The potential benefits of DESIGN TO VALUE - a case study

According to Business Insider:

  • Clover has started selling milk in blue bottles as part of a new campaign to “refresh” its brand.
  • As part of its ad campaign, the company released a video with a strange, high-pitched blue man. 
  • Social media was puzzled, amused, and horrified in equal measure.

According to Clover, they say “We opted for blue as it is the Clover corporate brand colour, and since fresh milk is the core of Clover – it makes sense to consistently drive the Clover values and identity through our fresh milk products,” says the company.

The company says it wants “to inject some excitement and generate talk-ability in and around the fresh milk category with the ultimate aim to make fresh milk relevant again.”

The question is what impact will a blue-coloured bottle have in the long term. Will they grow their brand? Will blue bottles make the brand more profitable? Will Clover be seen as a responsible brand providing added benefits for the consumer or reducing negative impacts on the environment? Has the colour of bottle introduced any new benefit to a wholesome natural product such as – will the milk stay fresh for longer? How is Clover now way Better?

Perhaps they achieved mentions on media and drew attention to the brand, but, what was the long-term thinking behind the change?

From a design thinking perspective, lets consider what was achieved by adding a colourant to the plastic bottle:

– they added cost to the bottle, that may be passed on the consumer

– they added complexity to their manufacturing operations

– they made the bottle difficult to recycle, if not, non-reusable as a milk bottle again

Dyed and pigmented plastics, for example, can be troubling for materials recovery facilities as they have a much lower market value.

According to SustainableBrands.Com, clear plastics are always preferred in the recycled materials market, and have the highest material value. This is because transparent plastic can typically be dyed with greater flexibility. The next best is white, as its only limit is that it cannot become clear, but can be made into any other color. However, the colored plastics (especially opaque varieties) are often limited to become darker shades of the original dye, or black. For this reason some recycling facilities consider certain pigmented plastics contaminants to the recycler stream, and subsequently dispose of them instead of recycle them. This issue is extenuated with the low cost of oil, as that makes it even harder for recyclers to compete with the price of virgin polymers.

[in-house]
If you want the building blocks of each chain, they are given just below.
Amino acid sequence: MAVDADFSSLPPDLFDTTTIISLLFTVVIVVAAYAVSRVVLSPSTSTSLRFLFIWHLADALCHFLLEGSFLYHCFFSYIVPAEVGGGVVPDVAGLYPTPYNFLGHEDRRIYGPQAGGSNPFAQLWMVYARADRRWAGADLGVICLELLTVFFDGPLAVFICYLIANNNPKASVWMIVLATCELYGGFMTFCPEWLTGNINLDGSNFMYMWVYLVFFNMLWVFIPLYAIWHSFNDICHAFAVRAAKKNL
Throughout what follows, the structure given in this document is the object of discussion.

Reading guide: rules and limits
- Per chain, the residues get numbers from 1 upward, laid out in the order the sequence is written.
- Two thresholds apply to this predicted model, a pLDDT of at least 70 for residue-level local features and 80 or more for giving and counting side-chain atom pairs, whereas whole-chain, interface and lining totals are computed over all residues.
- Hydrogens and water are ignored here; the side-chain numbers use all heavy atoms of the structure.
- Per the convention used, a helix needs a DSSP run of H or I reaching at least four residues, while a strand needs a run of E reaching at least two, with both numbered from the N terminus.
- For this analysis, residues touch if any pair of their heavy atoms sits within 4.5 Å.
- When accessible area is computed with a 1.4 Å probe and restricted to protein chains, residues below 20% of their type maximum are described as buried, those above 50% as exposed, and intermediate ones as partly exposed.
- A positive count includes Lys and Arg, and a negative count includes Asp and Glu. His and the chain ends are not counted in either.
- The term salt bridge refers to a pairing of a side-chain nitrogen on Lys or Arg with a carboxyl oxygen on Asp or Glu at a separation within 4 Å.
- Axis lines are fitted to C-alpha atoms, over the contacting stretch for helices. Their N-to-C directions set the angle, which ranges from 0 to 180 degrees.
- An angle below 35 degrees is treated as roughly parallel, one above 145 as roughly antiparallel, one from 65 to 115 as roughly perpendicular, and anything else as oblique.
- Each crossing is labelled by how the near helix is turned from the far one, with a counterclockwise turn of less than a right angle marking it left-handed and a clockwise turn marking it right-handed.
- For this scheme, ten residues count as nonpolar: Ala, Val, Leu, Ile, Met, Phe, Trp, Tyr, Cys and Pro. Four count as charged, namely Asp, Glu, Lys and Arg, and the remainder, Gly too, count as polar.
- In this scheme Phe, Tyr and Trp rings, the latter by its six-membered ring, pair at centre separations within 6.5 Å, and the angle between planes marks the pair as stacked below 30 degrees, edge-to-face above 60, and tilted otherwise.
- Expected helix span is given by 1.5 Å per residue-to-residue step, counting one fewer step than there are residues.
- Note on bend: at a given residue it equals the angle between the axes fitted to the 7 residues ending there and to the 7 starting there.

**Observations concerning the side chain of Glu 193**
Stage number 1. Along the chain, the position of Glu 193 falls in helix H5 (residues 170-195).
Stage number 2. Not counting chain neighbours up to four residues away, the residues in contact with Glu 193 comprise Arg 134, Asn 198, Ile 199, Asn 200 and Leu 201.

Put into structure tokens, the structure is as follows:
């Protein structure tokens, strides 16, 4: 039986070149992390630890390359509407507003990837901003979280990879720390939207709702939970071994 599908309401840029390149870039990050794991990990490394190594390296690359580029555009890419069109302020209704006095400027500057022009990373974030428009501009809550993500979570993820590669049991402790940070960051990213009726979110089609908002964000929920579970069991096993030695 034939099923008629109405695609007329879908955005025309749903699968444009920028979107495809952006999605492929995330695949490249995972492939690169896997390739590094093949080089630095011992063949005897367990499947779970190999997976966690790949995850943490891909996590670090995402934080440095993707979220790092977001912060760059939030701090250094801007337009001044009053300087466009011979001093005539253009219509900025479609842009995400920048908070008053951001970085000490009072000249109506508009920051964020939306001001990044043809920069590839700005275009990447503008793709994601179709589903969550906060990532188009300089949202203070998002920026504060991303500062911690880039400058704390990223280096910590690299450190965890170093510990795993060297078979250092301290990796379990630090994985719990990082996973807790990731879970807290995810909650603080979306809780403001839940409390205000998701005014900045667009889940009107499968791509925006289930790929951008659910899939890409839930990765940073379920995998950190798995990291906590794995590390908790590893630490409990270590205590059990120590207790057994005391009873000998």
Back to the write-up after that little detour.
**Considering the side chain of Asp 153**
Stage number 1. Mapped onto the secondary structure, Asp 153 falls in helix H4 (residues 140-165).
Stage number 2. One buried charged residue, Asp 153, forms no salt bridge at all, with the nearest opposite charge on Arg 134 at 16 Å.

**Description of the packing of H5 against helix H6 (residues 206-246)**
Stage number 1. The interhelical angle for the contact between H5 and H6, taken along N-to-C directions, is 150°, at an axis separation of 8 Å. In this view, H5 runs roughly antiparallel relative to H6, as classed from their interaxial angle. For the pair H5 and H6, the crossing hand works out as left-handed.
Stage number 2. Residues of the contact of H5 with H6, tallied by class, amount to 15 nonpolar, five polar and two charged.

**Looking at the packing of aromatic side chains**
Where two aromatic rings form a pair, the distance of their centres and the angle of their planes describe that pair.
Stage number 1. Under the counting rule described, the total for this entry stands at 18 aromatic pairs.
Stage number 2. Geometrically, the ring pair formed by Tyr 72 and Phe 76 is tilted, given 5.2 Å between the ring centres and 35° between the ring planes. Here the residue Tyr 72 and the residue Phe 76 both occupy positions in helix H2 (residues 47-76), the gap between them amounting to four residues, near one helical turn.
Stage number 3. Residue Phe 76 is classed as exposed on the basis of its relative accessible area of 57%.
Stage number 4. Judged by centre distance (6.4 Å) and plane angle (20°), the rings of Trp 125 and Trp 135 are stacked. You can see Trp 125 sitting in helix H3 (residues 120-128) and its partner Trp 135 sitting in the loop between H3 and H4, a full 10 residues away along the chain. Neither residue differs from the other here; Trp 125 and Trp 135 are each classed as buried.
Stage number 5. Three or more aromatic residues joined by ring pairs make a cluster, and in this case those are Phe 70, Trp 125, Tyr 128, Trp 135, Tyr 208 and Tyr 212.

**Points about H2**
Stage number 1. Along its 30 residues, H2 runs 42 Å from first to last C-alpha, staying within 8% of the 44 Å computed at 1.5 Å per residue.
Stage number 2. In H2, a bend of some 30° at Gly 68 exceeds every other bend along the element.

In an age where society is grappling with the impacts of climate change and environmental pollution, the question, at least from a design perspective is why would any company introduce such a change. Perhaps, more baffling, is that milk is a natural, wholesome product.

To survive in today’s market of low growth, pricing constraints, increasing competition and environmental challenges, companies need to consistently deliver products that provide both the greatest total value to customers and the most attractive economics over the entire life cycle.

Design to value (DTV) is a process that helps achieve these objectives by translating brand and business strategy into design choices for products as well as the underlying processes along the supply chain. DTV allows companies to focus their innovation efforts on the features that their customers are willing to pay for and to select cost optimization approaches that will improve and protect long-term profitability.

DTV is a concept that needs to be explored more widely as the benefits from incremental improvements or new product innovation could deliver long term value to the business.


Potential benefits of Design to Value – a case study